401 F2d 748 United States v. Carter S
401 F.2d 748
UNITED STATES of America
Carl Howard CARTER, Lester Murphy Hayes, Alfredo S. Desphy.
Carl Howard Carter, Appellant.
United States Court of Appeals Third Circuit.
Argued Sept. 16, 1968.
Decided Oct. 9, 1968, Certiorari Denied Feb. 24, 1969, See
89 S.Ct. 905.
James M. Scanlon, Scranton, Pa., for appellant.
Jerome D. Schwitzer, Asst. U.S. Atty., Newark, N.J. (David M. Satz, Jr., U.S. Atty., Newark, N.J., on the brief), for appellee.
Before McLAUGHLIN, KALODNER and ALDISERT, Circuit Judges.
OPINION OF THE COURT
A jury found the appellant guilty of eight counts in an indictment charging the transportation of falsely made checks in interstate commerce in violation of 18 U.S.C. Secs. 2314 and 2. He was jointly indicted in these counts with certain codefendants, each of whom, pleading guilty, testified at trial. He was the sole defendant in three additional counts which were dismissed by the court on motion of the government at the close of its case. Appellant asks for a new trial on seven of the counts, and for judgment of acquittal on one. We will deny the motions.
Appellant complains that his request for a severance of the three counts in which he was the sole defendant should have been granted. Rule 8(b) of the Federal Rules of Criminal Procedure permits the joinder of defendants in the same indictment 'together or separately' if they are alleged to have participated in the 'same act or transaction or in the same series of acts or transactions constituting an offense or offenses.' Rule 14 permits a severance upon a showing of prejudice. No prejudice was shown here. Appellant was not convicted of the three counts in question, and in the counts where a conviction did result, the basic evidence incriminating him came from the lips of his codefendants in open court.
He also contends that it was fundamental error for the court to admit evidence of the circumstances under which the co-defendants first met him, which information was admitted as a prelude to the government's presentation of the basic evidence relating to acts charged in the indictment. This history disclosed similar illegal check cashing operations in other states.
Evidence of other offenses, wholly independent of the one charged, is generally inadmissible. This rule is subject to some well-established exceptions, one of which was particularly appropriate in the case at bar, viz., where the other offense is logically connected with that charged, or where the act is so closely and inextricably a part of the history of the guilty act itself as to form part of the common plan or scheme of criminal action.1 Kreuter v. United States, 376 F.2d 654, 657 (10 Cir. 1967); Robinson v. United States, 366 F.2d 575, 578 (10 Cir. 1966); United States v. Crowe, 188 F.2d 209, 212 (7 Cir. 1951).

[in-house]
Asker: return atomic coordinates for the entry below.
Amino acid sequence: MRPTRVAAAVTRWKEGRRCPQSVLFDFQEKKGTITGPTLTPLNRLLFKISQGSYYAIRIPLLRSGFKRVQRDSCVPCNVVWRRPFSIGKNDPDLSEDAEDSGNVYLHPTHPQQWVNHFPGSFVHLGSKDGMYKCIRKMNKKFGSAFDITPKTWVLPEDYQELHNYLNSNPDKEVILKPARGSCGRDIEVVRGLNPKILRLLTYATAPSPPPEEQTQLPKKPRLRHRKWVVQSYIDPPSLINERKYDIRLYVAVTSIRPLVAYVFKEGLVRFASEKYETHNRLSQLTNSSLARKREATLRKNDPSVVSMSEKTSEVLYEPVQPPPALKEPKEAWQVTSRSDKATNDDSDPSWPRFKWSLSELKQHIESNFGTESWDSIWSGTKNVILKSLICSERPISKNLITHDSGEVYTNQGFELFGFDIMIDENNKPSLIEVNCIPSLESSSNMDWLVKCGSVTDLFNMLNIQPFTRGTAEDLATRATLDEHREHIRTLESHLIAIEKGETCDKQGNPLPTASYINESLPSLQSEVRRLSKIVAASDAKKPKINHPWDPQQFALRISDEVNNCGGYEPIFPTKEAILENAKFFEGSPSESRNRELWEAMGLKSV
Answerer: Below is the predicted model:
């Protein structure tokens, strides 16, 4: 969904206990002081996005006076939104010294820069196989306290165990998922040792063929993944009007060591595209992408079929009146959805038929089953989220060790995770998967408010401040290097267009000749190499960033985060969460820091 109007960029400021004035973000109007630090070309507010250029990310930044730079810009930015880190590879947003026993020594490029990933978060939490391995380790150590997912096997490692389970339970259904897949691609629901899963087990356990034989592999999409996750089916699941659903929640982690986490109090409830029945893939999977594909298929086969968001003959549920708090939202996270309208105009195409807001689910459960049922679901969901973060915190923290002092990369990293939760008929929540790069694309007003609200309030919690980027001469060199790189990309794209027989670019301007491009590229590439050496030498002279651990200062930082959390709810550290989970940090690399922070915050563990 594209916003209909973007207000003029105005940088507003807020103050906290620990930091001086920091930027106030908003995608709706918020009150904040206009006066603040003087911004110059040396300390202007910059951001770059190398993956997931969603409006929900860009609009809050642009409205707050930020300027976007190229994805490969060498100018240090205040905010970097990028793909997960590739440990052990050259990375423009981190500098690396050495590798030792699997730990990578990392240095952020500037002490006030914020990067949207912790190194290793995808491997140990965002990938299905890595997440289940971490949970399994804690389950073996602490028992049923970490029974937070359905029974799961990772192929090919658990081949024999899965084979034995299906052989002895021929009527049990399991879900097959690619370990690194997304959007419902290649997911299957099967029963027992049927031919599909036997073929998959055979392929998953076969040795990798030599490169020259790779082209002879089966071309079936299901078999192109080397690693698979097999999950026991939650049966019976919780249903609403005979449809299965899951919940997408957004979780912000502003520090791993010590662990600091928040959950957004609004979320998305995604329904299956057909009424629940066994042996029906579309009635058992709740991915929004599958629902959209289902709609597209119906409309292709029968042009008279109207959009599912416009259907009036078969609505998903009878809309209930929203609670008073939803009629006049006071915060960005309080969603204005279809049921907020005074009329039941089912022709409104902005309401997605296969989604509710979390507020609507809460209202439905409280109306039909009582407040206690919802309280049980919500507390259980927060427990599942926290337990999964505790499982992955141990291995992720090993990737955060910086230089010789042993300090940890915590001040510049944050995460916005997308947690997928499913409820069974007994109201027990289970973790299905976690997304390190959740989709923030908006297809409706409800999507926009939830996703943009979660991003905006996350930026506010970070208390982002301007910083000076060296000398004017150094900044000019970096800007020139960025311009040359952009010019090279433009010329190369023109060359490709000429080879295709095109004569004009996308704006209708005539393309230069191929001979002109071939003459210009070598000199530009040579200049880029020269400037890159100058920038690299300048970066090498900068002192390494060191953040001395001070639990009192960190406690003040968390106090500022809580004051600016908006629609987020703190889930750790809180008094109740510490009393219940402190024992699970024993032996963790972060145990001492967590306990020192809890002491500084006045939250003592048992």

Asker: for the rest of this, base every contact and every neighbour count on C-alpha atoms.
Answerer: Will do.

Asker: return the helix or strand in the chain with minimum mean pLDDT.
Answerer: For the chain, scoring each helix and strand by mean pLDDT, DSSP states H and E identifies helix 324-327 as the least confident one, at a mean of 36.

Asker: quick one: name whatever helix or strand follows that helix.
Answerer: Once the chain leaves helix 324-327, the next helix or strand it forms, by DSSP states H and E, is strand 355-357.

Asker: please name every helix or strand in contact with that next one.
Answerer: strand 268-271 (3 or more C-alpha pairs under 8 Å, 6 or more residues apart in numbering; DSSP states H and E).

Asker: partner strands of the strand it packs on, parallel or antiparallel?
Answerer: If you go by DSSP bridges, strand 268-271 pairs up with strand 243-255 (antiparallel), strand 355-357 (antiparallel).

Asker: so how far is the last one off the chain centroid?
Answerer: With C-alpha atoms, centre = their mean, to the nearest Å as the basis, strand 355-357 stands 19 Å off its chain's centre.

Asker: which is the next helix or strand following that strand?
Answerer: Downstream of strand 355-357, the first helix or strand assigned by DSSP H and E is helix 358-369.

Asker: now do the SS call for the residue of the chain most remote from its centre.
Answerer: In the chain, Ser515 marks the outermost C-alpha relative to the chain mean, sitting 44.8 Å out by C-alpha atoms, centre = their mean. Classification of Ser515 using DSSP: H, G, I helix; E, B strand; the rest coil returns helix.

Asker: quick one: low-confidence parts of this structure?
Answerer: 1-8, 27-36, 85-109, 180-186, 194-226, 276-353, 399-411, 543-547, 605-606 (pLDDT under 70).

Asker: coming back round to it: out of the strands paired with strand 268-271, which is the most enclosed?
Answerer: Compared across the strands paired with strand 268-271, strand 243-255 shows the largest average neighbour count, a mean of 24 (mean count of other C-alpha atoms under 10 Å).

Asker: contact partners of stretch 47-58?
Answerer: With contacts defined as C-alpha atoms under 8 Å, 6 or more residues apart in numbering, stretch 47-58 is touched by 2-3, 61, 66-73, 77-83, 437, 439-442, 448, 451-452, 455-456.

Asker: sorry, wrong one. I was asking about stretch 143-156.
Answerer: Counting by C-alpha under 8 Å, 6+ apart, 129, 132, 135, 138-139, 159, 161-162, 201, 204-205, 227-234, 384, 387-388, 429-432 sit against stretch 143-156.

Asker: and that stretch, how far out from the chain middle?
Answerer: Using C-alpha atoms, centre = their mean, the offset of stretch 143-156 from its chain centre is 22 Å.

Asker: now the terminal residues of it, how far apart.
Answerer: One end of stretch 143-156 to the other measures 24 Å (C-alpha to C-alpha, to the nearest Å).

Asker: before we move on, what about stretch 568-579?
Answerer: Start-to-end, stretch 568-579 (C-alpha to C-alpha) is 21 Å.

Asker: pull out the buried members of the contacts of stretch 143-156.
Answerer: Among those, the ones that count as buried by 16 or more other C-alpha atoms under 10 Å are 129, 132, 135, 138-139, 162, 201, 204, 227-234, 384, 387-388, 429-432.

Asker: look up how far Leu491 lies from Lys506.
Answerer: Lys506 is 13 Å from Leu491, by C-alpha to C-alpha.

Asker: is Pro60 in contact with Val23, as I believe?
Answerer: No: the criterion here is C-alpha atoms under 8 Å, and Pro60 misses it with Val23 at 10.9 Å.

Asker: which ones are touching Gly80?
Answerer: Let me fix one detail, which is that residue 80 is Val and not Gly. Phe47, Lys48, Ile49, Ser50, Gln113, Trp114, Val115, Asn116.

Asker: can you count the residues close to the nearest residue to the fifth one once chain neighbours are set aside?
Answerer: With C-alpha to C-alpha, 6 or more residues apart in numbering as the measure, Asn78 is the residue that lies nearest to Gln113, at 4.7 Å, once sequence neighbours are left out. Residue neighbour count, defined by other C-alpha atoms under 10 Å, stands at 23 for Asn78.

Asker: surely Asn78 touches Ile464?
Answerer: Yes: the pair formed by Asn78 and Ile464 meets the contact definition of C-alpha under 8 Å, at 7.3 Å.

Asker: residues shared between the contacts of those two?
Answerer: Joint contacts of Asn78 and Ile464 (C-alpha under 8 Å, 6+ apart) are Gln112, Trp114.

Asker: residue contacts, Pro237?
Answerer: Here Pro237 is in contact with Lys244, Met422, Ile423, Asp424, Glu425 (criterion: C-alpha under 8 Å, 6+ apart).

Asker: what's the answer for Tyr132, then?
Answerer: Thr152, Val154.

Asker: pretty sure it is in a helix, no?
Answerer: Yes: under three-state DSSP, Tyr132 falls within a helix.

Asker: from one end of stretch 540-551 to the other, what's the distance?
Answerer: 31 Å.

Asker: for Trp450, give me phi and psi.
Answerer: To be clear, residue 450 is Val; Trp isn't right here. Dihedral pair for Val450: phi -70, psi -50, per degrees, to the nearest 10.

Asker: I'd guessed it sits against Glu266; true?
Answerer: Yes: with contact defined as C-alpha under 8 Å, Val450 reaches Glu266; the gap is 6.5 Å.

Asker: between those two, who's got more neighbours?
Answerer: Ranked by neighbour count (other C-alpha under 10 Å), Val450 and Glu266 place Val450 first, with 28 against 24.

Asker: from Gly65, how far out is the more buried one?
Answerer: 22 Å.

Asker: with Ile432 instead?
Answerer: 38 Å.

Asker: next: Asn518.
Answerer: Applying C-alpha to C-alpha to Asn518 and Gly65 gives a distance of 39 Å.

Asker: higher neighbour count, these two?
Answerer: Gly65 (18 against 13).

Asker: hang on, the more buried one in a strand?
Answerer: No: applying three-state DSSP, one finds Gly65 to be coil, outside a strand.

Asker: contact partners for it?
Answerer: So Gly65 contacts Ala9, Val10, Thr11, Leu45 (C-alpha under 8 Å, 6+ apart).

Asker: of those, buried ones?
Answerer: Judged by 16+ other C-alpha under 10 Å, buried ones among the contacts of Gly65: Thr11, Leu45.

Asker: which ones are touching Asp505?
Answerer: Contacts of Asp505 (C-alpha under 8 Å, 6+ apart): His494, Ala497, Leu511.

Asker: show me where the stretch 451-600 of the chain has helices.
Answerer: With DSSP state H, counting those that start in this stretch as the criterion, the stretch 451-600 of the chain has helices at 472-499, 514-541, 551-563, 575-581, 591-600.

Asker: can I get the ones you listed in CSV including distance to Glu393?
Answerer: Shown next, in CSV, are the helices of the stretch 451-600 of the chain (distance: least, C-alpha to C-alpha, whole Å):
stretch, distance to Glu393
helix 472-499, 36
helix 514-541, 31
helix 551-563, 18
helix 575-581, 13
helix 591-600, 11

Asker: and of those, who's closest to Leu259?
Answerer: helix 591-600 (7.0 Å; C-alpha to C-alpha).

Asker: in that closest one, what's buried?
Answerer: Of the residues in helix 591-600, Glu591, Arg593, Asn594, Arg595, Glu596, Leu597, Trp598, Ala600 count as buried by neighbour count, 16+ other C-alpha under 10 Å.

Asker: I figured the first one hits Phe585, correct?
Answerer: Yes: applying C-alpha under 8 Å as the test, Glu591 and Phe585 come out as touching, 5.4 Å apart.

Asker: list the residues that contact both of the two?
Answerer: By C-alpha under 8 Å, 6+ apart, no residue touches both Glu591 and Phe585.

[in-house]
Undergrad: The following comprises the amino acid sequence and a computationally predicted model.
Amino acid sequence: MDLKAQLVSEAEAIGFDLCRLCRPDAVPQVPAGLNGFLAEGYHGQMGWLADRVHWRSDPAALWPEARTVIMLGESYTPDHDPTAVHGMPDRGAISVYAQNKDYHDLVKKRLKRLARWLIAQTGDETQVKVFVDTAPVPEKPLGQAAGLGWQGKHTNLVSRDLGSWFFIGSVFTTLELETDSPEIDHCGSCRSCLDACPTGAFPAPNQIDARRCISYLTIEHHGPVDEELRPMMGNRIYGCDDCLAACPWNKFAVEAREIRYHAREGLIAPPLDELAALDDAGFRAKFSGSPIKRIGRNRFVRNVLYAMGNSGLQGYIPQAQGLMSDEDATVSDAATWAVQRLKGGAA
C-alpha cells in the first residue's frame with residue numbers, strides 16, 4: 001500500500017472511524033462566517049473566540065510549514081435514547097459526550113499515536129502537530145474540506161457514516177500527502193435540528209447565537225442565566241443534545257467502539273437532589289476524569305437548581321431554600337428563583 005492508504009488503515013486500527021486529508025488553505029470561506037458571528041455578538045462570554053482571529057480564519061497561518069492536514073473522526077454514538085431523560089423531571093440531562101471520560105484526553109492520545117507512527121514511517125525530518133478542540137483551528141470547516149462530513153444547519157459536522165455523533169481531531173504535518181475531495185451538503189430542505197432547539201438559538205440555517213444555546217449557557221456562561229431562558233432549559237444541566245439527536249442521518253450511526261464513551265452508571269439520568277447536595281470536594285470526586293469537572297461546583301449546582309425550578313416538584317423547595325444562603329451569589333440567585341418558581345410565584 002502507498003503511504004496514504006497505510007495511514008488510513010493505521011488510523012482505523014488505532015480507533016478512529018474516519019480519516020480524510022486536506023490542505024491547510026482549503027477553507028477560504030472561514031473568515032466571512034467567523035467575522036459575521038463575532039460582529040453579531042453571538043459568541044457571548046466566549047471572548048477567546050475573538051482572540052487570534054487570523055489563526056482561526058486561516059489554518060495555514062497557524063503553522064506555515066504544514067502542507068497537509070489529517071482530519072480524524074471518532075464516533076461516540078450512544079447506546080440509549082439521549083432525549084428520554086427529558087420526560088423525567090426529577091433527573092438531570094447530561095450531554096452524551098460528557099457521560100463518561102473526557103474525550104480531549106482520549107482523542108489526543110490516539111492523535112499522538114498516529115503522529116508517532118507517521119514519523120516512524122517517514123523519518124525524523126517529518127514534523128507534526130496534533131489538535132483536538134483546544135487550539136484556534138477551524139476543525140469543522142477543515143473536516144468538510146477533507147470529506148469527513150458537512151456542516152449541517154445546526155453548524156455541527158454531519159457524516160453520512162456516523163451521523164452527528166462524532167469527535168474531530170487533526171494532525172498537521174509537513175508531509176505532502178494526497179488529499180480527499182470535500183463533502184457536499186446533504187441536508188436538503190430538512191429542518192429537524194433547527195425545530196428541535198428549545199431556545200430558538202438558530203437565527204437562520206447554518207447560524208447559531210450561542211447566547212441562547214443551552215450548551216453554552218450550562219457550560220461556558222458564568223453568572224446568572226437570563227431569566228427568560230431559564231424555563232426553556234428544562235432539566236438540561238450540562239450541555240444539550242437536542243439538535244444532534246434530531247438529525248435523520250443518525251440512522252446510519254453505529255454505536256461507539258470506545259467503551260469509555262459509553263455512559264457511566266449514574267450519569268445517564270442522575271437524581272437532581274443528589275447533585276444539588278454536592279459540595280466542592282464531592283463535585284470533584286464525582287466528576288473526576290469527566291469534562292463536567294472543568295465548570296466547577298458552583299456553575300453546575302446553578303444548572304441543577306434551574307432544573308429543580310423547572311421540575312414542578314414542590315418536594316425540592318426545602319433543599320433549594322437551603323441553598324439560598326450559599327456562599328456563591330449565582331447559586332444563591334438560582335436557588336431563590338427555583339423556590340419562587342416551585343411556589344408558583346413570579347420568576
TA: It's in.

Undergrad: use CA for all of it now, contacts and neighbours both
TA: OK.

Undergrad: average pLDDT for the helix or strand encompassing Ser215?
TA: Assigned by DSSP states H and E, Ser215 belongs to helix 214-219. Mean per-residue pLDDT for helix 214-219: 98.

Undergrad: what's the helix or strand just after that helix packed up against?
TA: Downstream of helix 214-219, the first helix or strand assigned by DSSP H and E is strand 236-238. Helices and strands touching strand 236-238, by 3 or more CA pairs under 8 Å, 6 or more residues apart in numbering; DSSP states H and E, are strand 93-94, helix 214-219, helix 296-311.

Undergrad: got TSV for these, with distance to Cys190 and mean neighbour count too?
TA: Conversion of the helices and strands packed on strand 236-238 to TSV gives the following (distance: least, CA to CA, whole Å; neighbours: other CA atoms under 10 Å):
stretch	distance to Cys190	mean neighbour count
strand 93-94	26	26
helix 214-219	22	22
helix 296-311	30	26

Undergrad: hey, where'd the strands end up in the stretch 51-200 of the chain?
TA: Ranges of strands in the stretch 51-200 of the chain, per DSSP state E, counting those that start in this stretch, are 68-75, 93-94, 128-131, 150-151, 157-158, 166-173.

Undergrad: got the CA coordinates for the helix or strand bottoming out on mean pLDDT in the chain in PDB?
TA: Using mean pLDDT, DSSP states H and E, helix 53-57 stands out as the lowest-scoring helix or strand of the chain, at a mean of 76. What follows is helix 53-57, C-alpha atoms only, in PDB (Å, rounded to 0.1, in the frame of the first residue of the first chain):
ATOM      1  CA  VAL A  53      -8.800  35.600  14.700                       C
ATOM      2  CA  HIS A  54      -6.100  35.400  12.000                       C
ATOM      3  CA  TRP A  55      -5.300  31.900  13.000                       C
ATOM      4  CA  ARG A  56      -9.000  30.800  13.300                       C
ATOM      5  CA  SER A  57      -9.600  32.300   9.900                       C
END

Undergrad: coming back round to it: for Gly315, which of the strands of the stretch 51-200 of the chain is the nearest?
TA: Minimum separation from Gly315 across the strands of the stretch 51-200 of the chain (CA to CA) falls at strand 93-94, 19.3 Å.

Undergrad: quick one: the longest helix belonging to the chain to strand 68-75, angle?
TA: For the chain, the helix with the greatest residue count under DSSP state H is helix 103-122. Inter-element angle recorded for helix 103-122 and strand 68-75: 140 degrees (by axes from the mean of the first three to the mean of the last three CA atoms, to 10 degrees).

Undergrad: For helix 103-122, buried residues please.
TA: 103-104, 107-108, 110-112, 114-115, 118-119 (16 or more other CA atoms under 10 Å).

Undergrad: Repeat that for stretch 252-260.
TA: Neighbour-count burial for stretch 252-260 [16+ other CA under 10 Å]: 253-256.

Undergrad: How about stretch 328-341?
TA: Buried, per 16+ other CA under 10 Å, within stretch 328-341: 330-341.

He asserts an additional objection: the failure of the court to instruct the jury as to the limited purpose for which this evidence was offered. We note that the appellant, who was represented by competent trial counsel, neither requested a specific instruction on this point, nor made any objection to the charge as given. Rule 30 of the Federal Rules of Criminal Procedure provides that 'No party may assign as error any portion of the charge or omission therefrom unless he objects thereto before the jury retires to consider its verdict, stating distinctly the matter to which he objects and the grounds of his objection.' Allegations of error not properly raised in the trial court cannot be considered on appeal. Rule 52(b) permits an appellate court to consider 'plain errors' or defects affecting substantial rights even though they were not brought to the attention of the court below. The plain error rule, however, is appropriate only in exceptional cases where it is necessary to prevent grave miscarriages of justice or to preserve the integrity of the judicial proceedings. Petschl v. United States, 369 F.2d 769, 773 (8 Cir. 1966).
Thus, the question is whether the failure of the trial court to instruct the jury as to the limited purpose of the evidence of prior offenses constituted 'plain error'. Although the tests for determining plain error by no means approach the certainty of mathematical formulae, the standard to be applied on review was most aptly stated in Kotteakos v. United States:
'If, when all is said and done, the conviction is sure that the error did not influence the jury, or had but very slight effect, the verdict and judgment should stand, except perhaps where the departure is from a constitutional norm or a specific command of Congress.'2
In Jarabo v. United States, 158 F.2d 509, 511 (1 Cir. 1946), evidence of other offenses was introduced for the limited purpose of showing the intent of the defendant in doing the acts charged in the indictment. Appellant in that case assigned as error the failure of the trial court to charge the jury on the limited purpose for which the evidence was offered. Appellant's argument was rejected by the court because of his failure to request such a charge before the jury retired. In Baker v. United States, 310 F.2d 924 (9 Cir. 1962) the court reached the same result in holding that appellant's failure to request limiting instructions when the prior offenses were introduced for the limited purpose of showing criminal intent precluded him from raising the question on appeal. The court declined to notice such omission as a plain error or defect within the meaning of Rule 52(b). Convinced that Carter's substantial rights were not affected by the failure to give the limiting instruction, we decline to notice such omission as a plain error within the meaning of Rule 52(b).